Military service and Congress

 Image source:  WaPo

Image source: WaPo

By Marian Currinder

Memorial Day is a time to remember those who died while serving in the U.S. military. Since 9/11, every part of the country has lost soldiers to war, but some regions have suffered disproportionate losses. According to a recent Axios analysis, the Bible Belt, the Rust Belt, and the Midwest have suffered the most military deaths in proportion to their populations. Many of the fallen came from big cities, but plenty also hailed from small towns. And Vermont lost more service members in proportion to its population than any other state.

For members of Congress, the Memorial Day recess is a time to honor fallen service members, meet with constituents, and, of course, campaign for reelection. This year, more members are competing against military veterans than in the recent past; indeed, over 300 former service members are running (or have run) in the 2018 midterms. Currently, just 20-percent of senators and 19-percent of House members are veterans. Forty years ago, veterans comprised 81-percent of the Senate and 75-percent of the House.

What might an influx of veterans mean for Congress? Leadership and a desire to continue serving the country are themes that resonate across the campaigns of former service members running this year. Some suggest that veterans are more willing to work in a bipartisan fashion because their shared military experience emphasizes mutual respect and working together to get the job done. By this logic, more veterans serving in Congress should lead to decreased polarization in Congress. This makes sense intuitively, as polarization in Congress has increased as the number of veterans serving has decreased.

So, if the 2018 elections bring us more veterans, might we see less polarization in the 116th Congress?  Probably not. In a previous LegBranch.com post, College of Charleston political scientists Jordan Ragusa and Chris Day tested this theory using roll call vote records and found that military service has no statistically significant effect on polarization in Congress. Members tend to vote with their parties, regardless of their veteran status. This finding might, however, tell us more about the kind of bills that are brought to the floor for votes these days than about individual member preferences. We don’t know if members support bipartisan bills if those bills aren’t brought to the floor.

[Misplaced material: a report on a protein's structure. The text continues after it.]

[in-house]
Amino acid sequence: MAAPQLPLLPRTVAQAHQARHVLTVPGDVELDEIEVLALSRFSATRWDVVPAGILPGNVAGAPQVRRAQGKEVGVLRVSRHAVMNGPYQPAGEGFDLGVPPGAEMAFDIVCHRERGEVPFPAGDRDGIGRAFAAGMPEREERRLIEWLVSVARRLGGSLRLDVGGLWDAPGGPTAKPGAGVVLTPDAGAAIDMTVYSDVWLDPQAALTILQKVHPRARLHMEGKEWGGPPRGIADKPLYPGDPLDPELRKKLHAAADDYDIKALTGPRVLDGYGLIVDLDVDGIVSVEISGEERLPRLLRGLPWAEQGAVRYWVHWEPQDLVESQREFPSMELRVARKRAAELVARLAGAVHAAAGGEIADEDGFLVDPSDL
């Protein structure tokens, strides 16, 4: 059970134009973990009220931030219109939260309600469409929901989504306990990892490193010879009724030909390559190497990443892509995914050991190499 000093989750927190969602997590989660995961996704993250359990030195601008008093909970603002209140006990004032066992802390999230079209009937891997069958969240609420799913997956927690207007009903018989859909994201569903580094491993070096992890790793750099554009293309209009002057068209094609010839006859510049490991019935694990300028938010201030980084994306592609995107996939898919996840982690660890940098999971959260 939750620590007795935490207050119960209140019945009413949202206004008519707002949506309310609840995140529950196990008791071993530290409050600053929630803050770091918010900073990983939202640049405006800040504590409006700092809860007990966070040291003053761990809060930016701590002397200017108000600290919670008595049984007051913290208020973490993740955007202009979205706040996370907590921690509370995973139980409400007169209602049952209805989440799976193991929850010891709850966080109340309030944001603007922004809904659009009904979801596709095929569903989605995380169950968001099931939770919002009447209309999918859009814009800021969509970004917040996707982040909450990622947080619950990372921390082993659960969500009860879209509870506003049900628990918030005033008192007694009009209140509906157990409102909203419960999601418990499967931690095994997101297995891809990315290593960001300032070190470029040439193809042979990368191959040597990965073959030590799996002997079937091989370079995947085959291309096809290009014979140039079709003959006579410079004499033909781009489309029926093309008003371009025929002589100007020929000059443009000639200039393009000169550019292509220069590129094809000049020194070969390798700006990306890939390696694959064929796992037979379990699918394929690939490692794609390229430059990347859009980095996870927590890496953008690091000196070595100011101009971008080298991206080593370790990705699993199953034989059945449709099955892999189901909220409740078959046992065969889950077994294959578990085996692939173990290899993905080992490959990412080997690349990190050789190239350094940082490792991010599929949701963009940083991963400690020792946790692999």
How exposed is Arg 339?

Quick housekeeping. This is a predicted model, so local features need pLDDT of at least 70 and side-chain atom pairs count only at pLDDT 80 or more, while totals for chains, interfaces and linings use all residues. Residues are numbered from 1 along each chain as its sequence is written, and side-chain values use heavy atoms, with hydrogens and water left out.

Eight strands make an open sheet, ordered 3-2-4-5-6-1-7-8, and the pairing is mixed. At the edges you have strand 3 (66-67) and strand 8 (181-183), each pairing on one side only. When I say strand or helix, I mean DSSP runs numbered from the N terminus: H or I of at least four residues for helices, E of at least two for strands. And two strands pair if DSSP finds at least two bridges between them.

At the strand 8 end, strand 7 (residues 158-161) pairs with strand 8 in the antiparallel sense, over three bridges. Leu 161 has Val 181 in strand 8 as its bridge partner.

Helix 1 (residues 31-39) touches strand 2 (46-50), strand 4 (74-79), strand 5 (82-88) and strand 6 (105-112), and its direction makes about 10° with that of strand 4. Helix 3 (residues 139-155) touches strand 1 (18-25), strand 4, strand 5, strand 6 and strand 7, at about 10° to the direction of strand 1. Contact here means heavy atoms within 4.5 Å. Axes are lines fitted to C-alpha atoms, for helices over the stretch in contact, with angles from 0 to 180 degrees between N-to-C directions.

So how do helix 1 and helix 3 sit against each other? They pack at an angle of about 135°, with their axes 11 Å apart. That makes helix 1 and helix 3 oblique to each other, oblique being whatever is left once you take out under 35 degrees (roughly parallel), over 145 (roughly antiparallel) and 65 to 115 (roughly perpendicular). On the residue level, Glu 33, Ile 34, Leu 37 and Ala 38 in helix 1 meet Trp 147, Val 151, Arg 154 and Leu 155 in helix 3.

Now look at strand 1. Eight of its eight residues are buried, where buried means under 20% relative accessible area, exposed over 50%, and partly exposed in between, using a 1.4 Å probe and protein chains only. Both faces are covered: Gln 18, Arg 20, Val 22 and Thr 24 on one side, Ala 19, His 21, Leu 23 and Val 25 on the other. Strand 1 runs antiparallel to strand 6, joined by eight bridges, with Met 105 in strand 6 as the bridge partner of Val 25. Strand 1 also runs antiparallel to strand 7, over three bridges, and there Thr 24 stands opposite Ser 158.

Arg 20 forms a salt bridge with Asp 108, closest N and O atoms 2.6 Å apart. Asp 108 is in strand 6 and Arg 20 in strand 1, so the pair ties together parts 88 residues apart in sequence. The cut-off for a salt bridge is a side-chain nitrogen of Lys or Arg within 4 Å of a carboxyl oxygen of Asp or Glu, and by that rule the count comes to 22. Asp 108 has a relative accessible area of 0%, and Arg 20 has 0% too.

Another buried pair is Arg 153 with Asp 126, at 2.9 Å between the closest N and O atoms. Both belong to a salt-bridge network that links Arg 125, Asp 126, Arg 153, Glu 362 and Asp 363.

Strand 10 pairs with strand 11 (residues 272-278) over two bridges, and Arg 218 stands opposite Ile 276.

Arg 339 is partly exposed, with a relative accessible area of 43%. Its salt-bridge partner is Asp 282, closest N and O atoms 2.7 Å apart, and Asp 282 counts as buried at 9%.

Joshua Huder’s recent LegBranch.com post argues that the one fundamental power congressional leaders have is to prevent votes. If leaders don’t want a bill on the floor, they will use their “negative agenda control” to block it. Huder also notes that more recently, members have started using procedural mechanisms to challenge leadership control over what comes to the floor. The willingness to use these mechanisms also indicates that congressional parties aren’t as unified as polarization narratives suggest.

Whether such challenges are insignificant blips on the congressional radar or signal greater unrest among members remains to be seen. But a large influx of new members who share common experiences (like military service) and goals (working together to get things done) might, however, tip the scales toward eventual institutional change, a la the “Watergate Babies” who discovered they couldn’t get anything done unless they first changed the system for getting things done. As Richard Ojeda, a Democrat war veteran running for a House seat in West Virginia said, "I'm not going to let somebody claim to be a leader when they don't even have no sense of what that word means. And that's why I got into this."

Marian Currinder is a senior fellow with the R Street Institute’s Governance Project and editor of the LegBranch.com blog.